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Director's Report August, 2003

    Fundraising Campaign Update:Work continues with the regional campaign teams. The newest team to get organized is the Yellowstone Country team who will focus on the Bozeman/Big Sky area. The Custer/Missouri River Country and the Russell Country teams are soliciting prospects and securing pledges. A cultivation event is planned for Billings at the Yellowstone Art Museum on Thursday, October 2nd. This event will coincide with the Museum’s “Lewis & Clark’s West” exhibit that features Bodmer, Moran, Bierstadt and Russell among other artists. Through the efforts of the Montana Tribal Tourism Alliance, revised project lists for Indian projects will be compiled in the near future. With these revised lists appropriate funding applications can be prepared and submitted.

  • Publicity Update:
    • I worked to arrange meetings for an Oregonian reporter for his trip through Montana the week of August 11th. He traveled from the Northeastern portion of Montana, through Great Falls and Helena en-route to Missoula. At this point in time I’m not aware of the run date for his article(s).
    • On August 19th I was interviewed by KXLO radio in Lewistown, MT. This was some advance publicity for Montana’s 5th annual Lewis & Clark Conference to be held in Lewistown on October 2-3, 2003.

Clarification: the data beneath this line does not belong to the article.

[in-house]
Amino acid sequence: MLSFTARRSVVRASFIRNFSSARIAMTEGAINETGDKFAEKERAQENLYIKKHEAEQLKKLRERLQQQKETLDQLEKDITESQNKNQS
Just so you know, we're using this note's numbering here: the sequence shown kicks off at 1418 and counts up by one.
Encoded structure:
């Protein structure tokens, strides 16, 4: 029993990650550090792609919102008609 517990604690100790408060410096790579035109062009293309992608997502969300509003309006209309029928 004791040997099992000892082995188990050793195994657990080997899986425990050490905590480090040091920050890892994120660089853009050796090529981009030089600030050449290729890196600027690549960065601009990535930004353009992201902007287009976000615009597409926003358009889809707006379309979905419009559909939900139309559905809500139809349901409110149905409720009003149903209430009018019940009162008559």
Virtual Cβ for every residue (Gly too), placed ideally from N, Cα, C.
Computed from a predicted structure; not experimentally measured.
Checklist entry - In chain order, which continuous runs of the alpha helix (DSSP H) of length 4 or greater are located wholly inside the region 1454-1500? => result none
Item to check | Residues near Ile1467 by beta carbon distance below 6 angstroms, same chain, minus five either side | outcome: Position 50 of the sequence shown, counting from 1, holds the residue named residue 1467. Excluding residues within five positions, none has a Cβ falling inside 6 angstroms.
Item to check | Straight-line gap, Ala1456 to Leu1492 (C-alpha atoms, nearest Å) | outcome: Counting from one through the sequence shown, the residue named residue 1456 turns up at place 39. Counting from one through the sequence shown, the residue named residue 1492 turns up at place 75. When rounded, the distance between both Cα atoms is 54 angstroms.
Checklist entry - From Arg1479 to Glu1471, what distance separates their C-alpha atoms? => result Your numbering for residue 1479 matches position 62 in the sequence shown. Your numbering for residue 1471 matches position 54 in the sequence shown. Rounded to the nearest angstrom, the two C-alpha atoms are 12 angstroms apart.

• I am continuing to work with Tom Cook from the Montana Historical Society to draft an implementation outline for the state Commission’s expanded PR/Publicity program. The details of this new plan will be discussed at the Commission’s October meeting.

  • During August I again communicated with Carol McBryant, the Logistics Coordinator for the National Park Service’s Corps II program. The host locations (18) have now been set for Montana. A letter from Gerard Baker will very shortly be sent to those selected locations to acknowledge their selection. Carol will be at the Fall Conference and will meet with those host communities to discuss what will be expected in 2005 and 2006. Patricia Jones may also be in attendance in Lewistown to discuss programming for the Tent of Many Voices. An update on Corps II will also be given to all conference attendees.

  • Additional planning for the Lewistown conference was a primary focus for Rita and me during August. The roster of speakers has been finalized and the registration mailers were sent out on the 20th. If you haven’t received a registration and agenda, please contact the state Commission office or access the information on the Commission’s web site (www.montanalewisandclark.org). Some key meetings will be held in conjunction with the conference. The state Commission will meet the afternoon of October 1st and the morning of October 2nd; the Regional Commissions and Tribal Bicentennial Contacts will meet Wednesday evening; Carol McBryant will meet with the Corps II host communities on Thursday morning; Amy Mossett will meet with the MTTA and COTA reps also on Thursday morning. The conference opens with a traditional Indian meal at 12:15 p.m.

  • I had previously reported that the Office of Public Instruction re-committed to being involved more with the Bicentennial. In July they approached me about streaming the Lewis & Clark: Montana’s Story 22-minute video onto their web site for access by teachers throughout the state. They are now working on that project.